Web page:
Six reasons people go to restaurants (that are NOT “to eat”)

Every brand person worth their salt is familiar with the Jobs To Be Done theory of consumer action. First developed by Tony Ulwick of Strategyn, Jobs To Be Done (JTBD) is, plainly, the idea that your customers don’t really buy products or services, but rather “hire” them, to complete a “job”. Nobody buys a balloon because a plastic sphere filled with air has any value on itself. People employ balloons to throw their friend a surprise party, to tell their partner they are loved, or to make a child stop crying.

It is tempting to ignore this aspect of the products we serve in the food business. While in the Front of the House, some savvy servers and maîtres might be observant of their diners and adjust their behaviour in order to improve repeat business (and increase the probability of a better tip), most Back of the House staff and upper management don’t really come in contact with the people seating at the tables. Their world is a world of ingredients and process. Logistics. How much thyme on the dish. Getting orders arranged optimally. Employee shifts. Holiday pay. The customer is far away – and as such, we think that improvement will come with better ingredients, shorter waiting times, larger portions. This might be occasionally true – but it might also be deceiving.

When building Brand Identity, many strategists focus a lot on understanding the Ideal Audience (or any other term they use for the same purpose). Understanding who we are selling to, is of course a vital importance for the survival of a brand, but we need to pair this understanding with an insight of what our customers do with what we’re selling them. Only then we can make sure our brand delivers the ultimate Brand Promise.

Here are six reasons that people go to restaurants that are NOT “to eat”:

They want to impress a date.

First impressions matter, and many people choose restaurants as the backdrop for a first date. Dining is an opportunity for intimate, private talk with other people around. The lights are bright and the distance between diners is enough to allow everyone involved to feel safe and comfortable. The odd flex can be of great benefit here – perhaps an obscure detail about an ingredient, or ordering the bruschette in competent Italian. Or just as a talking point about how gran always used to make fish soup in the cold nights of winter.

They want to experience something new.

For people that have a developed gastronomical taste, grocery shopping is a great experience, but sometimes there are only so many options before things start getting stale. Visiting the new Bhutanese restaurant in town might be a treat! For tourists, a new experience might mean what they don’t have back home, but is a staple in the island of Kythnos that they visited for the first time.

They want to spend some time with family.

In our fast moving world, sharing cultural experiences across locations and across generations can be a tricky thing. It will be difficult to bring 90-year old grandad on that rafting trip the family wants to go, and 7-year old Sandy might be just too impatient to watch Ibsen’s Vampire in the theatre. Food is something that is easily understood and shared between families, with older generations usually forming a good chunk of the gastronomical sensitivities of their younger ones.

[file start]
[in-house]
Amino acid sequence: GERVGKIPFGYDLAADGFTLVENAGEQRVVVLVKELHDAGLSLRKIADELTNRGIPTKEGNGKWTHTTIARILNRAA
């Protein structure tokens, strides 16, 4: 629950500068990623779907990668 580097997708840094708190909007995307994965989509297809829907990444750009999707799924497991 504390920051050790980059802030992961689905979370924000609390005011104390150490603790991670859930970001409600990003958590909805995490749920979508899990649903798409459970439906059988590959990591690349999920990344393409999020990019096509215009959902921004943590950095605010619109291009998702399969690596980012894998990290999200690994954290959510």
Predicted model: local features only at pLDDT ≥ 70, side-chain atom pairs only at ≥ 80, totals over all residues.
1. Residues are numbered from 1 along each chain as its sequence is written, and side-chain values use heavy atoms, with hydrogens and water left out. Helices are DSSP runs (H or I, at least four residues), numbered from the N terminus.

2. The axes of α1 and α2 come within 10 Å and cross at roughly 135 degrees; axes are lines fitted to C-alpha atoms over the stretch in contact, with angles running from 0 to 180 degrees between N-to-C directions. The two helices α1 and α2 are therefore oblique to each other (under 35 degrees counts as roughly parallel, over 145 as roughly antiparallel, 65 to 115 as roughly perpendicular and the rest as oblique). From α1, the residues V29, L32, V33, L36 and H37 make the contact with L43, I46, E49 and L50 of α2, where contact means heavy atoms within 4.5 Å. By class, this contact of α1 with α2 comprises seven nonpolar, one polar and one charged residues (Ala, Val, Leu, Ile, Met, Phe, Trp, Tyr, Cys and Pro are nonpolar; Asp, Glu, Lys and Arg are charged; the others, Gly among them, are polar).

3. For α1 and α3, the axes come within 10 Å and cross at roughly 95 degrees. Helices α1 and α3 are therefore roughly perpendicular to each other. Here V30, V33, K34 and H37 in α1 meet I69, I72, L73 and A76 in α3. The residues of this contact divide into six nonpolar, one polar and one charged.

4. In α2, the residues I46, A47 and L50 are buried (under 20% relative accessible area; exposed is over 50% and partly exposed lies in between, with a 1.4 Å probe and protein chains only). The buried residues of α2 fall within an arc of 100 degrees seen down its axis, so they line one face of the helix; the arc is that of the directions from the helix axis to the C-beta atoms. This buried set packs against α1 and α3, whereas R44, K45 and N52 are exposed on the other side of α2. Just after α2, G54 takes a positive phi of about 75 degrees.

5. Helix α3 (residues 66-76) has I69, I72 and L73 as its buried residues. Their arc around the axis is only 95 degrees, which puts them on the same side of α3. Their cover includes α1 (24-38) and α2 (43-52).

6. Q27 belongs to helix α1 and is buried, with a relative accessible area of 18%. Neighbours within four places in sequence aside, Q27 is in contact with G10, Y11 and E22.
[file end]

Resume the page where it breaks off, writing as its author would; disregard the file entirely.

They want to be pampered.

It has been a long day. You can return home, get the meat out of the fridge, get your hands dirty, chop the onions, bring the pot to boil, put the pasta, add the passata in the pan, drain the pot, clean the mess in your kitchen and wash the dishes. Or you can go to your favourite Italian place. Let Signor Davide greet you with a smile. Let the waiter pour some water in your glass. Spread some butter on the hot bread as the kitchen staff prepares a perfect meal. End with an espresso and perhaps dessert. You deserve some comfort.

They want to feel like home.

When you live in a different place from where you grew up, you are sometimes shocked to find there is a good restaurant offering your most intimate cuisine with the respect and care it deserves. What used to be a pretty commonplace experience can now be an intriguing pocket of your homeland, within your new city. Restaurants can have access to the ingredients or equipment you simply cannot have at hand at home It might even be an opportunity to say “good afternoon” in your native tongue for months.

They want to show generosity.

The friends who have been with you through thick and thin. The mentor who helps you with your life’s goals. The parents that have sacrificed so much for you. The least you can do sometimes is to buy them dinner and make sure they know you appreciate them. It might even be a symbolic gesture that you want to improve your existing relationship.

In the factory we make cosmetics; in the drugstore we sell hope.

Charles Revson, founder of Revlon

Understanding that this is what we sell in restaurants, rather than “food”, is what makes a business truly successful. Branding attaches itself to these stories our diners make around our tables – and if crafted well, it shapes their memories in the years to come.

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